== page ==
Stone Memorial Lecture set for March 17

UNIVERSITY PARK, Pa. -- James A. Imlay, a professor of microbiology at the University of Illinois at Urbana-Champaign, will present the 2013-14 Stone Memorial Lecture at 4 p.m. on Monday, March 17, in 101 Althouse Laboratory on the Penn State University Park campus. This free public lecture, titled "Molecular Explanations for the Toxicity of Oxygen," is sponsored by the Department of Biochemistry and Molecular Biology.

Imlay's research seeks to unravel the mechanisms by which cells are damaged by reactive oxygen species, such as superoxide and hydrogen peroxide, as well as the strategies that cells use to avoid or repair that damage. In work recently published in the journal Science, Imlay and his lab disproved the controversial hypothesis that the mechanism of classic antibiotics involves the formation of reactive oxygen species.

Imlay is a Fellow of the American Academy of Microbiology and is a current holder of a National Institutes of Health MERIT award.

Imlay received bachelor of science degrees in chemistry and English from Duke University. After working briefly in industry, he attended graduate school at the University of California at Berkeley, where he studied the process of oxidative DNA damage with Stuart Linn and received his Ph.D. in biochemistry. He then was a postdoctoral fellow with Irwin Fridovich at Duke University, where they examined the mechanisms by which superoxide is formed inside the model bacterium E. coli. Imlay has been a member of the Department of Microbiology at the University of Illinois at Urbana- Champaign since 1992.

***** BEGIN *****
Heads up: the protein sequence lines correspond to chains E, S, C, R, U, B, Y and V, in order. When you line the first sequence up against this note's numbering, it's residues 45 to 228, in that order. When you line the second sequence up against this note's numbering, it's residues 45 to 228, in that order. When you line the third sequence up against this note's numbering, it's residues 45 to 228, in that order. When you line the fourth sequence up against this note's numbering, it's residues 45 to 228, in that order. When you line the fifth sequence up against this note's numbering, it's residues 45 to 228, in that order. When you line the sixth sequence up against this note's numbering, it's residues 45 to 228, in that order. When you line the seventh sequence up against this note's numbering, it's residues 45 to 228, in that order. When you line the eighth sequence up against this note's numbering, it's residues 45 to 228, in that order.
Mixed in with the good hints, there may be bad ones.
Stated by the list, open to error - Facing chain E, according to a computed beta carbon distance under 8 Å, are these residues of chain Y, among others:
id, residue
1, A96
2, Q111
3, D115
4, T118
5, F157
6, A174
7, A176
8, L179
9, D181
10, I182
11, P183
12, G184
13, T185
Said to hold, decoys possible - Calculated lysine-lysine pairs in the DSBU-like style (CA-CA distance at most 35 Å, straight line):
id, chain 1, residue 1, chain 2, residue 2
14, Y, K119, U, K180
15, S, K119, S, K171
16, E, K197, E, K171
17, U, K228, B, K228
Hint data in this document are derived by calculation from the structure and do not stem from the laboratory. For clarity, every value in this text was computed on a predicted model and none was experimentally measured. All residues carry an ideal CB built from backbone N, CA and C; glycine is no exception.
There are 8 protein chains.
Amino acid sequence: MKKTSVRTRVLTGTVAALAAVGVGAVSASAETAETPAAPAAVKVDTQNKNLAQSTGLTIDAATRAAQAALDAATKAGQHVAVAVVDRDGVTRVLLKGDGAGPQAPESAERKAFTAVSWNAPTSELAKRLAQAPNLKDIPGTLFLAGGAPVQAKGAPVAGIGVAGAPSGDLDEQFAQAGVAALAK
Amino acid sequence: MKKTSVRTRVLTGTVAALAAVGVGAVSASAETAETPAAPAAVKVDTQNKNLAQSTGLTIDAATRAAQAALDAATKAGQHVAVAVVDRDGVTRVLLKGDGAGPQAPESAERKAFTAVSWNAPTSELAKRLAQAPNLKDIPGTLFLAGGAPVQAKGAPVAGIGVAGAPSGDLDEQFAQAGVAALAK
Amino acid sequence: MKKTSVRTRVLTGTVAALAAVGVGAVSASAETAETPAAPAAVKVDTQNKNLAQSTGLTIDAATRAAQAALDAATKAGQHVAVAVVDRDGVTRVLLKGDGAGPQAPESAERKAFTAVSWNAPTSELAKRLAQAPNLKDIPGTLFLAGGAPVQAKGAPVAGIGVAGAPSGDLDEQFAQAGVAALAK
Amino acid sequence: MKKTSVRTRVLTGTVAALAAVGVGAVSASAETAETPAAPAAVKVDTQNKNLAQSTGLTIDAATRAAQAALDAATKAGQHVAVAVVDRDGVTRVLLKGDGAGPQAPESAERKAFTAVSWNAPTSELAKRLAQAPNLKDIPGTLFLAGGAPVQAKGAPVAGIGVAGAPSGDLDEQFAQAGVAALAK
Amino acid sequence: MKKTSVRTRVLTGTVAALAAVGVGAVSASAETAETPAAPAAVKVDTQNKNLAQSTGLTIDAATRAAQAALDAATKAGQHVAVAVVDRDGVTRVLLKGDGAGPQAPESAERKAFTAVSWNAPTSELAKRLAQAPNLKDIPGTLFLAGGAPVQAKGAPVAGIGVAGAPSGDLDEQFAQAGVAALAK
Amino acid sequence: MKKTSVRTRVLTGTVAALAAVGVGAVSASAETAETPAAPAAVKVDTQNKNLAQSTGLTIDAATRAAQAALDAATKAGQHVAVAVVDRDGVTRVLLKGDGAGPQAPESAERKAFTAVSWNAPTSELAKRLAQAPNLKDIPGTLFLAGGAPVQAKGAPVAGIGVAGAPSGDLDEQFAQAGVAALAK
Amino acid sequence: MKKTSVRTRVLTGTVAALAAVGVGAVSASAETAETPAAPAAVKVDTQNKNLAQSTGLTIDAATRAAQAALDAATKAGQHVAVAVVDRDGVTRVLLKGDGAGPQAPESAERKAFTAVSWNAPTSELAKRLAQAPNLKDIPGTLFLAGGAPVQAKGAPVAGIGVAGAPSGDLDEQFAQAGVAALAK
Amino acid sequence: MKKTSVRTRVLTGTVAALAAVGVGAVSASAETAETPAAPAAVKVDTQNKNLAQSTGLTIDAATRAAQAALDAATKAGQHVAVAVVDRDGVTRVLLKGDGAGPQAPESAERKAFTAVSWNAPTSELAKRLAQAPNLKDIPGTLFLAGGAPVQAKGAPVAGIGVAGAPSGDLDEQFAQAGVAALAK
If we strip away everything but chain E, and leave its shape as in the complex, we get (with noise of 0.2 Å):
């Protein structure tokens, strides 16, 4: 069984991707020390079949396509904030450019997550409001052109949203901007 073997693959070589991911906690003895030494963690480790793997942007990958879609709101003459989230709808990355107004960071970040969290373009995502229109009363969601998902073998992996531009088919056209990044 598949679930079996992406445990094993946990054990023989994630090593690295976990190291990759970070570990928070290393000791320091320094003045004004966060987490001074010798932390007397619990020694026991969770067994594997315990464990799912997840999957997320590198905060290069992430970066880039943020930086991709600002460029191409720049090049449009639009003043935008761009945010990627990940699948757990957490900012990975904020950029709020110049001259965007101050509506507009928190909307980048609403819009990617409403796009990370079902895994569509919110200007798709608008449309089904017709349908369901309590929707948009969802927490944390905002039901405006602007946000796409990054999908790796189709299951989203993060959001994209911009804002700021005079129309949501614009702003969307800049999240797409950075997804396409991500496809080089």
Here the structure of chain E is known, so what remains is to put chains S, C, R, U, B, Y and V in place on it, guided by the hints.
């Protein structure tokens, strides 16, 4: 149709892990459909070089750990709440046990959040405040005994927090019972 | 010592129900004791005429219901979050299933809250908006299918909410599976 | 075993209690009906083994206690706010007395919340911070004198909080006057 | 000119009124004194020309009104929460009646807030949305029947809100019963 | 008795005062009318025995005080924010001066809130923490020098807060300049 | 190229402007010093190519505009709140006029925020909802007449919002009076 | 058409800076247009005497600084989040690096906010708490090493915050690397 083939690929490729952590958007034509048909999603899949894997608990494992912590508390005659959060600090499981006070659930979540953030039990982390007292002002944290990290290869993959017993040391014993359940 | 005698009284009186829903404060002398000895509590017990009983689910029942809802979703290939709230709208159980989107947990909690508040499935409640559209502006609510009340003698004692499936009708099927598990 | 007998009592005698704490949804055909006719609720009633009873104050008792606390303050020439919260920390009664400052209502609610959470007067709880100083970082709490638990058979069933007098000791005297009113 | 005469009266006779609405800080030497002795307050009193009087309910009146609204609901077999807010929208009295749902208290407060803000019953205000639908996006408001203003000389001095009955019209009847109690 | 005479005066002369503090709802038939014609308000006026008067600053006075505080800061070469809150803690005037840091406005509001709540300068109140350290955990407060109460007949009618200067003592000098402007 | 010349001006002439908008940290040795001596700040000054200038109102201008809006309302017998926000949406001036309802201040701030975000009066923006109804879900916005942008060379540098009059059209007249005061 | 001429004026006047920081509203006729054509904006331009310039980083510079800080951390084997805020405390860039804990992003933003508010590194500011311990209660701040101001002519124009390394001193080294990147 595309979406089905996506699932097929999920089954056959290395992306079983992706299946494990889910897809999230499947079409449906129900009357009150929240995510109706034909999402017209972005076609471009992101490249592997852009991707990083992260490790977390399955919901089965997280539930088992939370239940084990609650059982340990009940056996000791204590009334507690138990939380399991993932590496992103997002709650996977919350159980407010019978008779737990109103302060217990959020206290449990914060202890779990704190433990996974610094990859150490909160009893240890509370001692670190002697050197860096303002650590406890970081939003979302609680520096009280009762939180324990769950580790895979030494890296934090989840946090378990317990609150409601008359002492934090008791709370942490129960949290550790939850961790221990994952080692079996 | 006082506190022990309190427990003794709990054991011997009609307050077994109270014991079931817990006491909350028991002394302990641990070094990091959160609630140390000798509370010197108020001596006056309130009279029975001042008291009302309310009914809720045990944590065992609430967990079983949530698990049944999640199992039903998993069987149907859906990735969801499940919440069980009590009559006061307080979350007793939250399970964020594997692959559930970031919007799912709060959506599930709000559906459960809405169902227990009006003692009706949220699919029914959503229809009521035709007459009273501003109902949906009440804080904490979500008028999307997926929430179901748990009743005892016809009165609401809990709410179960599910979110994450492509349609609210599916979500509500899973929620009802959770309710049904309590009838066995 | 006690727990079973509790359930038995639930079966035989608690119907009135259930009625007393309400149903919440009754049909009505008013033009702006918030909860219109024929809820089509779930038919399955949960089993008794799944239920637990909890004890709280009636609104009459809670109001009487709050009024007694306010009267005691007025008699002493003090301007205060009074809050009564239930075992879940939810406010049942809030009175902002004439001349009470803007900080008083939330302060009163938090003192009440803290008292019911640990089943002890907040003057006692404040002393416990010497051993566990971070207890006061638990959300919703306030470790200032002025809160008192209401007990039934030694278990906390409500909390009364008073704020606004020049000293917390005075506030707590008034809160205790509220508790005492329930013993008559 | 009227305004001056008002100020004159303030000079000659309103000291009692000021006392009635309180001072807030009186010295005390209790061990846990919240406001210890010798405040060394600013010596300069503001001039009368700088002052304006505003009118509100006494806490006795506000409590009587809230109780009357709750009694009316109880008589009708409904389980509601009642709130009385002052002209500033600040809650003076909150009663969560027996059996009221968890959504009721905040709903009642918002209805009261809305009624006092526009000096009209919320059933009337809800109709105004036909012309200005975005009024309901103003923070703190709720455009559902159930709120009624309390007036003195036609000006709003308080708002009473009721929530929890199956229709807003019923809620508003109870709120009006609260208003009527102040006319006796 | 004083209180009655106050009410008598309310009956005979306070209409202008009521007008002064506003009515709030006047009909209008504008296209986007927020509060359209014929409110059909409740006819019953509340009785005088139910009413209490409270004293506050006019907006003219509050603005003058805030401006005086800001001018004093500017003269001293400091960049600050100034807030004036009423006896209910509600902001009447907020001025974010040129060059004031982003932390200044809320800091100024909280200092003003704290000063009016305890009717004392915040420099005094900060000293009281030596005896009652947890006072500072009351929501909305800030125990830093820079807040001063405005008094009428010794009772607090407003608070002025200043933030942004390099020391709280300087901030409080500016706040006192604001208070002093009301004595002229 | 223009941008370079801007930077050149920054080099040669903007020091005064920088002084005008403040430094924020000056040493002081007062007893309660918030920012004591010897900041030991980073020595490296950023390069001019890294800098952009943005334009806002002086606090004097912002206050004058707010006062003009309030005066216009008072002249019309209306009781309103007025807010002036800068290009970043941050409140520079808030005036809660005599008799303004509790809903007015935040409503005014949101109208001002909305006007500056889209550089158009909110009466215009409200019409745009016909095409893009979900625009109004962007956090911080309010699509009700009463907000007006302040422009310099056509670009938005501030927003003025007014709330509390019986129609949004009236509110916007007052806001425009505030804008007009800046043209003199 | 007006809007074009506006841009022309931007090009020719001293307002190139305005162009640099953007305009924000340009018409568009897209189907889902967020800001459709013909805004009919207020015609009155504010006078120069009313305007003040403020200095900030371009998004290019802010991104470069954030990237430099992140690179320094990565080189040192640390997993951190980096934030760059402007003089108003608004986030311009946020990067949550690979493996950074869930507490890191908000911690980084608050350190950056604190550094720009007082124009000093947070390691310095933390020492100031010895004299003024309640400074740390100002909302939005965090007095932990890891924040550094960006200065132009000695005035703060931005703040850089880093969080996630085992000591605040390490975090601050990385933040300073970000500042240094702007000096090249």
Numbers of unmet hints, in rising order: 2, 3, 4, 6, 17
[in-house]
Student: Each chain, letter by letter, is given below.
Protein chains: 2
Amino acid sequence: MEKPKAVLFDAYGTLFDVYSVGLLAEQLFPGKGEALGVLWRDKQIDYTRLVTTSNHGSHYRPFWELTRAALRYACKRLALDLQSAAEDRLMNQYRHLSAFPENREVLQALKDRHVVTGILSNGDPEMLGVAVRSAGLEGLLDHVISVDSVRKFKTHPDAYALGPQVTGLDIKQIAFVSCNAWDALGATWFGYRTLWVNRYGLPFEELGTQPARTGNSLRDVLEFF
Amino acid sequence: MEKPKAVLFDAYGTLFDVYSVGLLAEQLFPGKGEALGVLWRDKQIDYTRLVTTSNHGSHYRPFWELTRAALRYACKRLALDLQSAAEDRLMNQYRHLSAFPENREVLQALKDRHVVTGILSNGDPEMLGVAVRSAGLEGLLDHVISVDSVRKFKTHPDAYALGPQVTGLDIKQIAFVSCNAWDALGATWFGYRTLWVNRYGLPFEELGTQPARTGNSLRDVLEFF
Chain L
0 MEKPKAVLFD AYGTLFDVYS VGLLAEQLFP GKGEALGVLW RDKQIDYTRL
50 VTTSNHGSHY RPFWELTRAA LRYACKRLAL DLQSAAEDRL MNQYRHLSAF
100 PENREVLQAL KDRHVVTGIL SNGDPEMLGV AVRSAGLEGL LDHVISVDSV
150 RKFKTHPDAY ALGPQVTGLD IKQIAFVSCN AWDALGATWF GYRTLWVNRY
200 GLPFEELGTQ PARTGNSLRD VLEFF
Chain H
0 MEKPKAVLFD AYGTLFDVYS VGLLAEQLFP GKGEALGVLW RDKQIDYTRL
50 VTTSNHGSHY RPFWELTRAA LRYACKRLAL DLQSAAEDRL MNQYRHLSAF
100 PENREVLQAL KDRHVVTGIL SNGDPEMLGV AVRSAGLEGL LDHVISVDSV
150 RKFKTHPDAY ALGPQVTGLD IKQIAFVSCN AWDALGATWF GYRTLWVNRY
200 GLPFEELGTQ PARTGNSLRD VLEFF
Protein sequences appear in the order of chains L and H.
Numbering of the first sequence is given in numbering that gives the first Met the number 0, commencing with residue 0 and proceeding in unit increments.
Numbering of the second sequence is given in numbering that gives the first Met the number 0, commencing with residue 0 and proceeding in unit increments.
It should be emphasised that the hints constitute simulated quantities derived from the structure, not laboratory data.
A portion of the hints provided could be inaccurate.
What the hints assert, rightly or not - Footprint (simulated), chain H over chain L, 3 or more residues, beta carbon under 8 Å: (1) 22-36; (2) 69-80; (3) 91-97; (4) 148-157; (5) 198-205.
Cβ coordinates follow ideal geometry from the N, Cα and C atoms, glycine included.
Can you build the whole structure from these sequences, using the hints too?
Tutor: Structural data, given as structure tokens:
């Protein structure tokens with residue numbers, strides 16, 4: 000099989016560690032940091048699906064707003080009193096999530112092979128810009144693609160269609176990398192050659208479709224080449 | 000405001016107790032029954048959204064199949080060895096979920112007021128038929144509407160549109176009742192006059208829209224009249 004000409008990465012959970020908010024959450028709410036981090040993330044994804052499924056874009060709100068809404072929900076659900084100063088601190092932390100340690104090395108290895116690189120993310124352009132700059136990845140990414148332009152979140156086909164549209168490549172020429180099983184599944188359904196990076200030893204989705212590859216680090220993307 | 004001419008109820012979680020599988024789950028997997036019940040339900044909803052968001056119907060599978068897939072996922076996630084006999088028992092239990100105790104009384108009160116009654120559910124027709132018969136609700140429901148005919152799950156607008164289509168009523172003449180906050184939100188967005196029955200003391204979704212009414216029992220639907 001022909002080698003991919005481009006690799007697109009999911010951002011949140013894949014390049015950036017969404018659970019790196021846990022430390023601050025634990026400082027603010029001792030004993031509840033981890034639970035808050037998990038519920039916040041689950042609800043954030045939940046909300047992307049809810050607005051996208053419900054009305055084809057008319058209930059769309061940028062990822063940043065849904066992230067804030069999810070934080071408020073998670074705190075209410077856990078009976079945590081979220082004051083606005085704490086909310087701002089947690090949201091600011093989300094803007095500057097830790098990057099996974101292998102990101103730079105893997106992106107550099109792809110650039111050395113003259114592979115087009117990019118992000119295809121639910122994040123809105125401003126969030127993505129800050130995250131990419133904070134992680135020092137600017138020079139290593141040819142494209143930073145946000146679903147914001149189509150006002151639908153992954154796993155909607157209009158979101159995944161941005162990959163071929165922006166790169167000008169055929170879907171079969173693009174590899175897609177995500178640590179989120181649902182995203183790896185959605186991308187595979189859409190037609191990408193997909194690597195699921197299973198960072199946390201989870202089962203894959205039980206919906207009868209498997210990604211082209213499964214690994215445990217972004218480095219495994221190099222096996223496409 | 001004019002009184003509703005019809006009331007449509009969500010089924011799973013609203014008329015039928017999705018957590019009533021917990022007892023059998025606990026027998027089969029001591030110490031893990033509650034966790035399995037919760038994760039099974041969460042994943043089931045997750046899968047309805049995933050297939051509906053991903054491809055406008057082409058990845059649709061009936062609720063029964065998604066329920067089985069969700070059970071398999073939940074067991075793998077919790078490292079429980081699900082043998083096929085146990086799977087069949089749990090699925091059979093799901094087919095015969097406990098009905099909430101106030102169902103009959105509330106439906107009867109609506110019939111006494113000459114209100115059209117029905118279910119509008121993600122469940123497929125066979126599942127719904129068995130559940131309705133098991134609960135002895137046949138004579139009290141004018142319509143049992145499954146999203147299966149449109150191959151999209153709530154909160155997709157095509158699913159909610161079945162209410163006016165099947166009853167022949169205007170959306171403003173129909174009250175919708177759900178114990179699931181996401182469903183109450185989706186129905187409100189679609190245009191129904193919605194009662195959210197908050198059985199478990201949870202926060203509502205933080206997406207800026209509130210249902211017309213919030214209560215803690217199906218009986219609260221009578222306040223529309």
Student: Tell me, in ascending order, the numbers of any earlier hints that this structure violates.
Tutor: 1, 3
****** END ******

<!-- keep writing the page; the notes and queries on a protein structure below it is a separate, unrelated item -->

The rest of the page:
Each year the Penn State Department of Biochemistry and Molecular Biology identifies a preeminent microbiologist to present her or his work in order to enrich the microbiological research community at Penn State and to honor Robert W. Stone. For 23 years, Stone was head of the former Department of Microbiology, which merged with the biophysics and biochemistry departments in 1979 to form the present Department of Biochemistry and Molecular Biology. For more information about the lecture, contact Tamara Housel at 814-865-3072.

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Last Updated March 13, 2014